I laugh at the roses in the photo behind this plate of spaghetti. Pitts has this saying about putting a pig in a dress. After all, this is just chicken spaghetti. But baked Chicken Spaghetti gets a complete pass in my book. To me, with a salad and some crusty bread, Chicken Spaghetti is as good as it gets and suitable for paper plates and fine china. And for a dish that probably costs just over a dollar a serving depending on what type of chicken you purchase, it is a rare “no fail” dinner plan.
I have been fussing over Chicken Spaghetti recipes forever. I have asked for and received at least a dozen recipes in my search. This recipe constitutes the best of what I’ve found. There are several reasons I like it. It contains no “cream of” soups, so one can dictate the flavor profile. And, it can be made with a pound of any sort of cooked chicken. You may roast or boil a whole chicken, buy a rotisserie chicken, or do as I did and pan grill a few chicken cutlets. I have also made it using chicken tenders. As long as you end up with a pound of cooked meat, you are good to go. This made a hefty 13” x 9” casserole that could easily feed six to eight people. No matter how it is prepared, it is a comfort, a convenience and a bargain.
1 pound cooked shredded chicken
¾ cup chopped onions
2 cups chopped vegetables (red, yellow, and green bell peppers, mushrooms, carrots, celery)
1 garlic clove, chopped
4 Tablespoons butter
¼ cup all purpose flour
1-½ cans (14.5 ounce cans) of low sodium chicken broth
½ cup Half & Half
8 oz. of shredded cheddar cheese (about 6 in the dish, and 2 for the topping)
8 oz. spaghetti noodles, cooked al dente and drained
½ cup buttered Panko crumbs
4 oz. canned chopped green chiles
1 tomato, chopped
Salt and pepper to taste
First, season and cook the chicken. I use Johnny’s Seasoning Salt, but a little salt and pepper is fine, instead. Pan grill the chicken (or cook in a non-stick skillet) until cooked through. Allow the chicken to rest for at least 10 minutes and then chop it up into small pieces.
Melt the butter in a sauté pan. When the butter has melted, add all of the chopped vegetables, onion and garlic and sauté until tender. Sprinkle the flour over the vegetables and cook for another minute or two, stirring constantly. Add the chicken broth and continue to stir until a thick sauce has formed. Add the Half & Half and stir until combined. Add the chopped tomatoes, green chiles and 6 ounces of the cheddar cheese. Stir until the cheese has melted. Add the chopped chicken and stir. Now, taste this sauce and add salt and pepper. It will need it. We have used low sodium broth and we are not using canned cream soups which typically add a lot of sodium. You will need to season at this point. Seriously, taste it.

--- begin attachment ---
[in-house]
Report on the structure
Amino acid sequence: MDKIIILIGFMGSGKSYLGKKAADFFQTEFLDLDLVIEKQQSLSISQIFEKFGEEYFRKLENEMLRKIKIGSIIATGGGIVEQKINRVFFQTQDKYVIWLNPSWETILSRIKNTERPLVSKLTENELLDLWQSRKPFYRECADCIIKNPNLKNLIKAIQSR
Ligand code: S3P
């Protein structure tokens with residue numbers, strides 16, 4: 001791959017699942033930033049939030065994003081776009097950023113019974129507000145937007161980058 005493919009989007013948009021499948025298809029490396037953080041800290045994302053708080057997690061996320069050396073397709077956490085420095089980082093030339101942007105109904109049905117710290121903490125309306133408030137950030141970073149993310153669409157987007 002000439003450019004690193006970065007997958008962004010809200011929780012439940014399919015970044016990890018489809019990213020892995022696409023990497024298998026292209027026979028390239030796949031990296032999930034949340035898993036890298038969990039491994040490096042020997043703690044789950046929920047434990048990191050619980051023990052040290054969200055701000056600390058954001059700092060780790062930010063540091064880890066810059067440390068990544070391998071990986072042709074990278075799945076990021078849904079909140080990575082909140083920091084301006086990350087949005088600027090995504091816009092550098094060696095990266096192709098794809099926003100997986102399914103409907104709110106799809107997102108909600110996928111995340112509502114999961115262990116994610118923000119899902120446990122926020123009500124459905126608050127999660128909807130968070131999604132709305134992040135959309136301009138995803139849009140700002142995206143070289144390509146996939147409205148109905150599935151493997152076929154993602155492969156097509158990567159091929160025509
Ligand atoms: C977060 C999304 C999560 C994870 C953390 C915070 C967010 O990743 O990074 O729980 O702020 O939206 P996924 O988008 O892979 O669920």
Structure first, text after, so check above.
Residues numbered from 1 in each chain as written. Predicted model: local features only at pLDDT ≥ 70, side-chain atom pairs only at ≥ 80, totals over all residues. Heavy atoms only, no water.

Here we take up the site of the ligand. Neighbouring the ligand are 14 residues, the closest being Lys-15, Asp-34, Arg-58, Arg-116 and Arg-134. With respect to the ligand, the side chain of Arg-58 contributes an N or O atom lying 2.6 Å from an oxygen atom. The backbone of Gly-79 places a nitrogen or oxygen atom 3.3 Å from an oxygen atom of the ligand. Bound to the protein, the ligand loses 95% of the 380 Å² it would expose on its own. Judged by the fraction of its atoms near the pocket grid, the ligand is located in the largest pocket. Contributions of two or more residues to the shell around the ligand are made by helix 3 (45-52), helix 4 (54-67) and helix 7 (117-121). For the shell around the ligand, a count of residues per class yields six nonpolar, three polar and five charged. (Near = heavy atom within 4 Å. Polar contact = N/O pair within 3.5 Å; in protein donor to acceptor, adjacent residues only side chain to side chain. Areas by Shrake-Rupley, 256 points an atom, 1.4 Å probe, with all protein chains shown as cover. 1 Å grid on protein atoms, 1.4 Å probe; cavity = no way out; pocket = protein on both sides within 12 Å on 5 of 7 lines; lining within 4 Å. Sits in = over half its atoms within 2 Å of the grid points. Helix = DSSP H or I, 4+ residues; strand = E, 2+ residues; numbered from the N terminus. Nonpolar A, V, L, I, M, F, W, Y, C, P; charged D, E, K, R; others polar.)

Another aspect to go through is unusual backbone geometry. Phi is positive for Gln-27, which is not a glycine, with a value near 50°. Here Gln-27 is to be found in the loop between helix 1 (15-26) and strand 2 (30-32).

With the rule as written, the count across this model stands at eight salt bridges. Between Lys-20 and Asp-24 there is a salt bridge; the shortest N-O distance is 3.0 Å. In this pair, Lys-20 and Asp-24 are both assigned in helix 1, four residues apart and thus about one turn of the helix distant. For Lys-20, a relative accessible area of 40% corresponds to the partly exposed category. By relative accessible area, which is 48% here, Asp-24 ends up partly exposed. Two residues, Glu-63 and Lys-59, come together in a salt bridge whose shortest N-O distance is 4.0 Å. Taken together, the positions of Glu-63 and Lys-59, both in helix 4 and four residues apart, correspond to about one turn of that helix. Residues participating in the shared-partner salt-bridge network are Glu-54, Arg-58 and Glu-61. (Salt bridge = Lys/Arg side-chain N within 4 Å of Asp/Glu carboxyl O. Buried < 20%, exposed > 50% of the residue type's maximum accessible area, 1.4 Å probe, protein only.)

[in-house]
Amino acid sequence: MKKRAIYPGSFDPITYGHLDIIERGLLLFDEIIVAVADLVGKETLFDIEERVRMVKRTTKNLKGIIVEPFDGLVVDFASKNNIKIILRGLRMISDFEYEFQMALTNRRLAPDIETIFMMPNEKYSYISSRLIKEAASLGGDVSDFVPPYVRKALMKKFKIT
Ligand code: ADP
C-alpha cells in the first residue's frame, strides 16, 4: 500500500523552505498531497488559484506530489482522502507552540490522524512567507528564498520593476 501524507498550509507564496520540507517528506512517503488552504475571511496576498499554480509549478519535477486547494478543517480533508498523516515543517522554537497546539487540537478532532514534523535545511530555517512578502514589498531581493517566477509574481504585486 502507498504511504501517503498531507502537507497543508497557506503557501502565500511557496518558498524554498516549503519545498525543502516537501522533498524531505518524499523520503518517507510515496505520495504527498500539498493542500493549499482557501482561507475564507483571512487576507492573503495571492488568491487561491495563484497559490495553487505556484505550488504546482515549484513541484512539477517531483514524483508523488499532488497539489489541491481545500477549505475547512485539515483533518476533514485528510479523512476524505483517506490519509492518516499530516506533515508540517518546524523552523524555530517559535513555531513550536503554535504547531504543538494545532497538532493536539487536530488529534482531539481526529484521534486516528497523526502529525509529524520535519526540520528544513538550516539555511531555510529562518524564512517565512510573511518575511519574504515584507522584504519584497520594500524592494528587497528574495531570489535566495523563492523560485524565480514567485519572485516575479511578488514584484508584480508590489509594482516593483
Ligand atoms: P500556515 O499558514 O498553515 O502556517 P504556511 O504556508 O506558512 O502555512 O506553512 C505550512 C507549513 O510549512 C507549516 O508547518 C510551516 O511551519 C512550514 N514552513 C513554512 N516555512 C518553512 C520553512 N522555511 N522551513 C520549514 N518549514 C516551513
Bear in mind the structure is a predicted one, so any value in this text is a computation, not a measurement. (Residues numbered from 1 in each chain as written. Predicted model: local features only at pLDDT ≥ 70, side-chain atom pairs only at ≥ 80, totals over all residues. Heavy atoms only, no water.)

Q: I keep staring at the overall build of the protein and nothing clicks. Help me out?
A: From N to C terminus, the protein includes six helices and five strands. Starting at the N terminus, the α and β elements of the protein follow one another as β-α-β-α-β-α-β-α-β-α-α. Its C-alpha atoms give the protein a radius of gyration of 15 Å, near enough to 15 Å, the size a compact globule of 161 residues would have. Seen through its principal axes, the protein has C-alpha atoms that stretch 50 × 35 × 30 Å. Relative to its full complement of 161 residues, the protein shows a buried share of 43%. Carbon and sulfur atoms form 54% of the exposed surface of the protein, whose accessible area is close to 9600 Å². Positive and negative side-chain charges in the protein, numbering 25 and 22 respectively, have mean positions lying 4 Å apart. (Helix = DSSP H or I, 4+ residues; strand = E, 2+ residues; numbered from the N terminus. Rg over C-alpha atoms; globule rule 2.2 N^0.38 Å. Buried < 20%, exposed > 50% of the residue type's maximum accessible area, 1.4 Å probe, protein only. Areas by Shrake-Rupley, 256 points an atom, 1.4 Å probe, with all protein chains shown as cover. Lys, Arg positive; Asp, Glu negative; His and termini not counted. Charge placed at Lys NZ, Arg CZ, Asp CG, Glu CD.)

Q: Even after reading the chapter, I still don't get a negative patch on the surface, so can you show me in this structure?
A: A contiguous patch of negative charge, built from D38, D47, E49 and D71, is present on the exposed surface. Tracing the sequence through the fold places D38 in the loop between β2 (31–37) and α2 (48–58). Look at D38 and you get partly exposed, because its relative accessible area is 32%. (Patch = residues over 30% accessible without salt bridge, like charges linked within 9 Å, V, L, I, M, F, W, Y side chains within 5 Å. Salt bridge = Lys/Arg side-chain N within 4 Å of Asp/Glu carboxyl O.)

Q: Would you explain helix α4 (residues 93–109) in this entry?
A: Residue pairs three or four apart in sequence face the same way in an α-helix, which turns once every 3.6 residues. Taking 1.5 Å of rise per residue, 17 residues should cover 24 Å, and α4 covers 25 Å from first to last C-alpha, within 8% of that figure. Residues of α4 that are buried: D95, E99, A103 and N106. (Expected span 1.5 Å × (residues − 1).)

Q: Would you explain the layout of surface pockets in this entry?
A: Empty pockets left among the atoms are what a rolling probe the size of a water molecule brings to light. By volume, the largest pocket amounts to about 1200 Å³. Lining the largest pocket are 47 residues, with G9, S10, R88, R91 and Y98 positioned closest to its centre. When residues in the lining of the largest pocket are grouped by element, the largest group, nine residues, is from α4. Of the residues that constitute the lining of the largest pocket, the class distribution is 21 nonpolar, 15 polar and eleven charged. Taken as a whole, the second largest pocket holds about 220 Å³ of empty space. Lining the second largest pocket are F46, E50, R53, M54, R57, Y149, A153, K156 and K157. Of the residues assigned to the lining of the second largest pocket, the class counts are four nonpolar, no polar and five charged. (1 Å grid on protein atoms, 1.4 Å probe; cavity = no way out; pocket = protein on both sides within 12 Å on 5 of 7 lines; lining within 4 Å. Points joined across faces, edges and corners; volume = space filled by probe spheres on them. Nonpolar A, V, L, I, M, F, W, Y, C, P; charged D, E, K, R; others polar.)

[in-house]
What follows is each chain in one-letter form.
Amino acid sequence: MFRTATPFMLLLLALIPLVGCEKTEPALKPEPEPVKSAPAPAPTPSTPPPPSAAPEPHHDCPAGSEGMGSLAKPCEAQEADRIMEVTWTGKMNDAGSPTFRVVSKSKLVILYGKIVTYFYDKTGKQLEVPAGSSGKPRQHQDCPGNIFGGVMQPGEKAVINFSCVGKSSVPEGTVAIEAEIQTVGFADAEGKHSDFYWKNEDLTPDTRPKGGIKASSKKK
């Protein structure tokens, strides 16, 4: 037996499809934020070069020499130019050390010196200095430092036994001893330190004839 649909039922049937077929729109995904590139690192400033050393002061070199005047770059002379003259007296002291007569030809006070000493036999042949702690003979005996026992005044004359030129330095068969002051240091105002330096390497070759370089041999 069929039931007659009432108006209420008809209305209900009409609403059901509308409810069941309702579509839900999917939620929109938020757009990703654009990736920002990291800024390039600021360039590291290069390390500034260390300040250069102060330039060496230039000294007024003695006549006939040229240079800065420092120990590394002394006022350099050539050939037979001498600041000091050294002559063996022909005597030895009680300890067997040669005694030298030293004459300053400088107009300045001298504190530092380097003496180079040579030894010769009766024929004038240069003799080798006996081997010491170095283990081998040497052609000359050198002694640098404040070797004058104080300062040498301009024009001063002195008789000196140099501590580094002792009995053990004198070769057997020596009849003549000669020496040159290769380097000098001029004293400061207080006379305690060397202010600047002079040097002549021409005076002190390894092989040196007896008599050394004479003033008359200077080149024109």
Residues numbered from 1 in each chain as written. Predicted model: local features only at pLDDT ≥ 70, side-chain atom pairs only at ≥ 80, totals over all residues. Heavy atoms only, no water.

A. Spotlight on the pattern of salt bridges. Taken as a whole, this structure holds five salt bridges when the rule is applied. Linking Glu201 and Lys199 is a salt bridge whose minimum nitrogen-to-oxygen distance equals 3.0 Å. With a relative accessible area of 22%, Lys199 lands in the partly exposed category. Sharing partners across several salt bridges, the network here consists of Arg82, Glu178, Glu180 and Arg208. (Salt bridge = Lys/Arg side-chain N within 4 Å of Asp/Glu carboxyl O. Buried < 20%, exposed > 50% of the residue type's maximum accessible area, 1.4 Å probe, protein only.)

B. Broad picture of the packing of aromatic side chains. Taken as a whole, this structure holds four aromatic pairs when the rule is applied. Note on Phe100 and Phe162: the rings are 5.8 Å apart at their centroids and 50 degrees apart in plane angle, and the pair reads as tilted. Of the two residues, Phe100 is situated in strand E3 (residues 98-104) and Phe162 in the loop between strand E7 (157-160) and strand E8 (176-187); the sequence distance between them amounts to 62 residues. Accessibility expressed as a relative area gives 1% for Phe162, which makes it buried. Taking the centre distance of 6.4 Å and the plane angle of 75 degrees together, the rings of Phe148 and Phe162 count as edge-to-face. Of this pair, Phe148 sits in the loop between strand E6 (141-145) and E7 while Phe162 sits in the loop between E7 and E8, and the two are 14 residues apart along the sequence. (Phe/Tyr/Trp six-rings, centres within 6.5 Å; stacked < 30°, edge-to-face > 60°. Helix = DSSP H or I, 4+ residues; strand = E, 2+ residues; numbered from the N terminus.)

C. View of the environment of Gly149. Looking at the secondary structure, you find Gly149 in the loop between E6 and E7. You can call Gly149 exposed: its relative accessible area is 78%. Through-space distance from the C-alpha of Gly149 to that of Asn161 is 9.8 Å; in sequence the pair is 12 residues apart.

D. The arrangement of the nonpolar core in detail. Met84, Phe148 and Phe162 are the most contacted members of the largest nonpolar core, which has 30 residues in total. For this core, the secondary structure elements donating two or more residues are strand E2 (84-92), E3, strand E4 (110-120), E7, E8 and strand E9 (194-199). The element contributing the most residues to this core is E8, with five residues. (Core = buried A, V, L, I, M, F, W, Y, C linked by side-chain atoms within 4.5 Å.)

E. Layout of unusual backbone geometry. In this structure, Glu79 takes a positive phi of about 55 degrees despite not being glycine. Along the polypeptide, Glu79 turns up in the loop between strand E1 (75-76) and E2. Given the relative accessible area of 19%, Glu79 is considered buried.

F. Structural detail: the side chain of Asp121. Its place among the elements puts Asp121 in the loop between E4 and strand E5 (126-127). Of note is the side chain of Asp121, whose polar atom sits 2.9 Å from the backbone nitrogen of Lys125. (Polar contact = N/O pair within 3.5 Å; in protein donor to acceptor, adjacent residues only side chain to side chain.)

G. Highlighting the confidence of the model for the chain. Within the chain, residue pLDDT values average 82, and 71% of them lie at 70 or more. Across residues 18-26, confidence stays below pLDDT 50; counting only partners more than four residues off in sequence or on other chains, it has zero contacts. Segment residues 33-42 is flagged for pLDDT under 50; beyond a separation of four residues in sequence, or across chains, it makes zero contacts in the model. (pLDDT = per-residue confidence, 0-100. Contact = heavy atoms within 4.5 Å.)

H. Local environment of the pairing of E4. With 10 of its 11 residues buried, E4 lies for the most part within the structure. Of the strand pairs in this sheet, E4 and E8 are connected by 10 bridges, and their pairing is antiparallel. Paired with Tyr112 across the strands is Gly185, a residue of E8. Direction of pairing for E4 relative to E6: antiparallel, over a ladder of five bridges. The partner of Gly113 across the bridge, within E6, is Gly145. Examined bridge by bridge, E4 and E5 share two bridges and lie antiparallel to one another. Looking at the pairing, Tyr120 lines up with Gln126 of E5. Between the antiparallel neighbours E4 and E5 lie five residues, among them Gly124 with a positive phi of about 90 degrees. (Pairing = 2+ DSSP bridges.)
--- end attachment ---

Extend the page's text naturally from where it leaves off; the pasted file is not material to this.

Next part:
Meanwhile, cook the spaghetti in boiling water until al dente and then drain the spaghetti.
If you have room in the sauté pan, add the noodles. I usually end up transferring the sauce to the emptied noodle pot and then add the noodles back in with the sauce. Regardless, add the noodles to the sauce and stir to incorporate the sauce and vegetables into the noodles. This takes a little doing, but keep stirring or re-arranging with tongs until the vegetables and chicken are well distributed. Transfer the Chicken Spaghetti to a casserole dish that has been sprayed with non-stick spray.
In a small bowl, combine 1 Tablespoon of melted butter and ½ cup of Panko crumbs. Season with seasoning salt, or regular salt. Distribute the remaining cheddar cheese on top of the chicken spaghetti and then sprinkle the Panko on top. Bake in a 350 degree oven for approximately 25 to 30 minutes, or until hot and bubbly. Allow the casserole to sit for at least 5 minutes before serving.
For the chopped vegetables, consider hitting the salad bar at your grocery store. Bell peppers can get pricey and you really don’t need that much. I procured all of the veggies in the photos at the Whole Foods Market prepared vegetable area, pre-washed and pre-sliced. All I had to do when I got home was plop them out on the chopping block and give them a thorough chopping. Also, I usually cook more noodles than I need to and then I can use them or not use them based on the consistency of the sauce. If the casserole seems too “wet” you can simply add a few more noodles.
You can use regular bread crumbs instead of Panko.
The green chiles are totally optional, but I like the mild kick that they contribute.
If you make Chicken Spaghetti of any sort (as long as it doesn’t have olives in it), call me so that I can come eat at your house…I’m salivating just typing about it. Also, my mom tells me that if you sweet talk the folks in your grocery store deli department, they will actually de-bone a rotisserie chicken for a nominal fee. That is good information to have.